Neurofeedback sessions are most productive for recovering addicts who opt to train their brains back to a state conducive to a drug-free life. 

By retraining the brain to function normally, neurofeedback can reduce cravings and withdrawal symptoms, making it easier for individuals to maintain their sobriety.

What Happens in a Neurofeedback Session?

Neurofeedback Session
Image Credit: inspiremalibu.com

A neurofeedback session typically begins with a consultation where the client meets with the practitioner to discuss their treatment goals and any underlying health concerns in detail. 

This initial discussion is important for developing a customized neurofeedback protocol tailored to the individual’s specific needs.

During the session itself, small sensor electrodes are attached non-invasively to the scalp using a conductive gel or paste to record real-time data about the client’s brain wave activity through electroencephalography (EEG).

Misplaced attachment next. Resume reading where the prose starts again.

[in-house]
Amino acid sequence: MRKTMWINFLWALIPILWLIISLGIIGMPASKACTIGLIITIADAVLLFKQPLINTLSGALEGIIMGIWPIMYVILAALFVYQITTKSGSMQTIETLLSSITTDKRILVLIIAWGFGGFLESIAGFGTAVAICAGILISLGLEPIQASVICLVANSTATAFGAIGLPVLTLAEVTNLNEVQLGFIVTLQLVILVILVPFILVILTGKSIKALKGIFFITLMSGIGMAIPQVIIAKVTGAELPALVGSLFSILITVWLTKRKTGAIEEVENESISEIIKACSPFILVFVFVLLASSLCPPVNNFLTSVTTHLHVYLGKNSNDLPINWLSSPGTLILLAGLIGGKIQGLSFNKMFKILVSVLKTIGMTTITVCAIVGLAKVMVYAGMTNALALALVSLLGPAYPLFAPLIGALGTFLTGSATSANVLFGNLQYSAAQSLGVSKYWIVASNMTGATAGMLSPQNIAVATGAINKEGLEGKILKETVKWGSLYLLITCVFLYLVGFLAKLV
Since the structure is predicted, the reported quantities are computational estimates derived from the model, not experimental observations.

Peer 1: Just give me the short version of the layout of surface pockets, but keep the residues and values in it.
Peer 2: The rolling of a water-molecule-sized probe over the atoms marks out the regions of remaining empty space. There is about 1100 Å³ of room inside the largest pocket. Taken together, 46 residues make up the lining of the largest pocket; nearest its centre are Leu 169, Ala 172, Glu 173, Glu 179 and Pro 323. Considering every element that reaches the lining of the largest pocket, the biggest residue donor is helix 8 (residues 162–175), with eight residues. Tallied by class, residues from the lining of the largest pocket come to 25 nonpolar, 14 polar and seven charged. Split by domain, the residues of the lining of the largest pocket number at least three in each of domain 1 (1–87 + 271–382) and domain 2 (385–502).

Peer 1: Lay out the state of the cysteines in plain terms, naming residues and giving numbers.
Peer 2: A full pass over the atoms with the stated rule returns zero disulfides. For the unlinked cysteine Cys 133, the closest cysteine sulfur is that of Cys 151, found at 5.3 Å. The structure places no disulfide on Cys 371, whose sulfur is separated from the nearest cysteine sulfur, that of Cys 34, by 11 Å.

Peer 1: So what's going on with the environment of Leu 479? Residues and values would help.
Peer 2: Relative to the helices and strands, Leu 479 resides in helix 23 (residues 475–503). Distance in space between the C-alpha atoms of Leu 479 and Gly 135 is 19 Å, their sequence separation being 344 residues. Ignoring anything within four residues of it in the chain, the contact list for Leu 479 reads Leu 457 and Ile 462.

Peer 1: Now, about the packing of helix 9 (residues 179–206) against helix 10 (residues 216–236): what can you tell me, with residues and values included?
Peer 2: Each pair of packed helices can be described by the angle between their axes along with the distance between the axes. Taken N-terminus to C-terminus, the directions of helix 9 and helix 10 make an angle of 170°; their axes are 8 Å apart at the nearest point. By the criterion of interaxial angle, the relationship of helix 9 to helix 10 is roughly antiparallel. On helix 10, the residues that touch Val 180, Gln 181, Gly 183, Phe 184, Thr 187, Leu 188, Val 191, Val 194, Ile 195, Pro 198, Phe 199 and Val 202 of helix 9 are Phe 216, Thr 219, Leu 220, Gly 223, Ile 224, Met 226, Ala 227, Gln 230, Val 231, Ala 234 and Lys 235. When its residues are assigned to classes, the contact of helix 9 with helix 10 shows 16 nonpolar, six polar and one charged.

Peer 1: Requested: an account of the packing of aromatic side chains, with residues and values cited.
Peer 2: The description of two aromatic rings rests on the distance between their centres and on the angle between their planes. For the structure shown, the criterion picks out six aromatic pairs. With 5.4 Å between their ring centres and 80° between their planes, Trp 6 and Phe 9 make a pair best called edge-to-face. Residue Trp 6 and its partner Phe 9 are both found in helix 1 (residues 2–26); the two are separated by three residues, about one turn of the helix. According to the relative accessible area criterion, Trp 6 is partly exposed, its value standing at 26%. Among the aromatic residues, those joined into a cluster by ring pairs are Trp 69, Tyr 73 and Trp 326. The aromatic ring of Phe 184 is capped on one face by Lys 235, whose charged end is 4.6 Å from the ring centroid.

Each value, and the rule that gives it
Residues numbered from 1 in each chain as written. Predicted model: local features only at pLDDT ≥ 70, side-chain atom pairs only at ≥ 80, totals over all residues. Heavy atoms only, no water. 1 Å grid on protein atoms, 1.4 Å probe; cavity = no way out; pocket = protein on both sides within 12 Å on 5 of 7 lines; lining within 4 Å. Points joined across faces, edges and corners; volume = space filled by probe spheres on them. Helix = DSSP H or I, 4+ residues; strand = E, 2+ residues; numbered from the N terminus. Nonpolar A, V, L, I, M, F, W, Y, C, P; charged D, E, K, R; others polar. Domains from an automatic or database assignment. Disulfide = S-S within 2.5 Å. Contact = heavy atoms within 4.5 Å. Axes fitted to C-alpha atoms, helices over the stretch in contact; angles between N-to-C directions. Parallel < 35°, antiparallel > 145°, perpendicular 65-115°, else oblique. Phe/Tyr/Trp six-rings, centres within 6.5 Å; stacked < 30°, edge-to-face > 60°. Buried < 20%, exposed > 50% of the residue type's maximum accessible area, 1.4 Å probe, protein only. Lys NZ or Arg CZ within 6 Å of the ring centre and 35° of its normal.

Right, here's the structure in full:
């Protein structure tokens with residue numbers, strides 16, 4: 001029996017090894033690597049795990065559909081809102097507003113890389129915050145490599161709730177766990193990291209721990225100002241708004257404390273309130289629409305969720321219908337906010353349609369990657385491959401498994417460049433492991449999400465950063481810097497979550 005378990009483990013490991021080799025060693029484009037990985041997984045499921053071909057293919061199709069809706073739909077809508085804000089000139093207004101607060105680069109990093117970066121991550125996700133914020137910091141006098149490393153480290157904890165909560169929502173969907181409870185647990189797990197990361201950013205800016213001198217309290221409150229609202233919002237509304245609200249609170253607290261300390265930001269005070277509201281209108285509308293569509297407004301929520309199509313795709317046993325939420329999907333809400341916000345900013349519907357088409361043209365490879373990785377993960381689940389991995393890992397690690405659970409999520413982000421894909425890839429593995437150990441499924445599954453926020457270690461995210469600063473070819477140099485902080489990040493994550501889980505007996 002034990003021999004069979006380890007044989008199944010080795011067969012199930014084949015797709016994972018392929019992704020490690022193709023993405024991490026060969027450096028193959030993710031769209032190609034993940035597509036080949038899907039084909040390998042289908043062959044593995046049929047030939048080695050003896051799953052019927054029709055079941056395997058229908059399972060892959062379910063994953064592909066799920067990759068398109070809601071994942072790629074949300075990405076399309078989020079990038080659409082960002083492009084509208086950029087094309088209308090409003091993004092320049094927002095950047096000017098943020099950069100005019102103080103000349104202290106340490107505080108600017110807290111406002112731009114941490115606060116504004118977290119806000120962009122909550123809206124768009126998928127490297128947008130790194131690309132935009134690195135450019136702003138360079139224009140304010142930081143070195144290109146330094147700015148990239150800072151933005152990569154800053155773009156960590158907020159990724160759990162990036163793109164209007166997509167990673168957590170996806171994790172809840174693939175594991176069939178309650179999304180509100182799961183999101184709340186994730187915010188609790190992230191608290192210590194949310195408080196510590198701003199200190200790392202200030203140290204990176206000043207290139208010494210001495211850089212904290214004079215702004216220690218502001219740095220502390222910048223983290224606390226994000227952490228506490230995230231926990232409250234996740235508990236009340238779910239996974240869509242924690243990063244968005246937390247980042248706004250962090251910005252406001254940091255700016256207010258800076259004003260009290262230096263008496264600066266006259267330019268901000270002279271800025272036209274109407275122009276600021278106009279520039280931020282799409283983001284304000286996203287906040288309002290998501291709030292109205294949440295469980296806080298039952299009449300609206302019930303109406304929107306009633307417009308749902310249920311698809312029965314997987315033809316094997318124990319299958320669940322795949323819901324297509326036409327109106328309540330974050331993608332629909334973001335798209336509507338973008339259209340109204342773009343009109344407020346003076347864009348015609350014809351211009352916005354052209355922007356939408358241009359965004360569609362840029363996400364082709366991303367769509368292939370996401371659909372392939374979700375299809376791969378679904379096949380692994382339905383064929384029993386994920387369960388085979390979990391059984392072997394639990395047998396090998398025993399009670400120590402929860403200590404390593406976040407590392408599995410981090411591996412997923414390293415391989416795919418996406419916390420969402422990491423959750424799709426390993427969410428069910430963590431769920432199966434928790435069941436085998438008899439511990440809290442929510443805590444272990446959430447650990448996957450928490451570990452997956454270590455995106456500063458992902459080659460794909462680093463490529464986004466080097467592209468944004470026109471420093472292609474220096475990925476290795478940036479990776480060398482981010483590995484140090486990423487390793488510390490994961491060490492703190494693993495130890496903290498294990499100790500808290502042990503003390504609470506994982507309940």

These lightweight, painless sensors allow the neurofeedback practitioner to observe the current patterns and amplitudes of different brain wave states such as alpha, beta, theta, and delta waves being produced in various regions of the brain.

The client then engages in an activity while their brain waves are monitored, such as playing a video game or watching a video. 

Tasks are chosen strategically based on the desired protocol.

As the client performs the activity, specialized software analyzes the EEG reading and provides feedback, usually in the form of visual or auditory cues, which are linked to producing healthier brain wave states.

For example, the client may hear a pleasant tone or see a reward animation when lowering excess theta waves. 

This operant conditioning process trains the brain through real-time reward.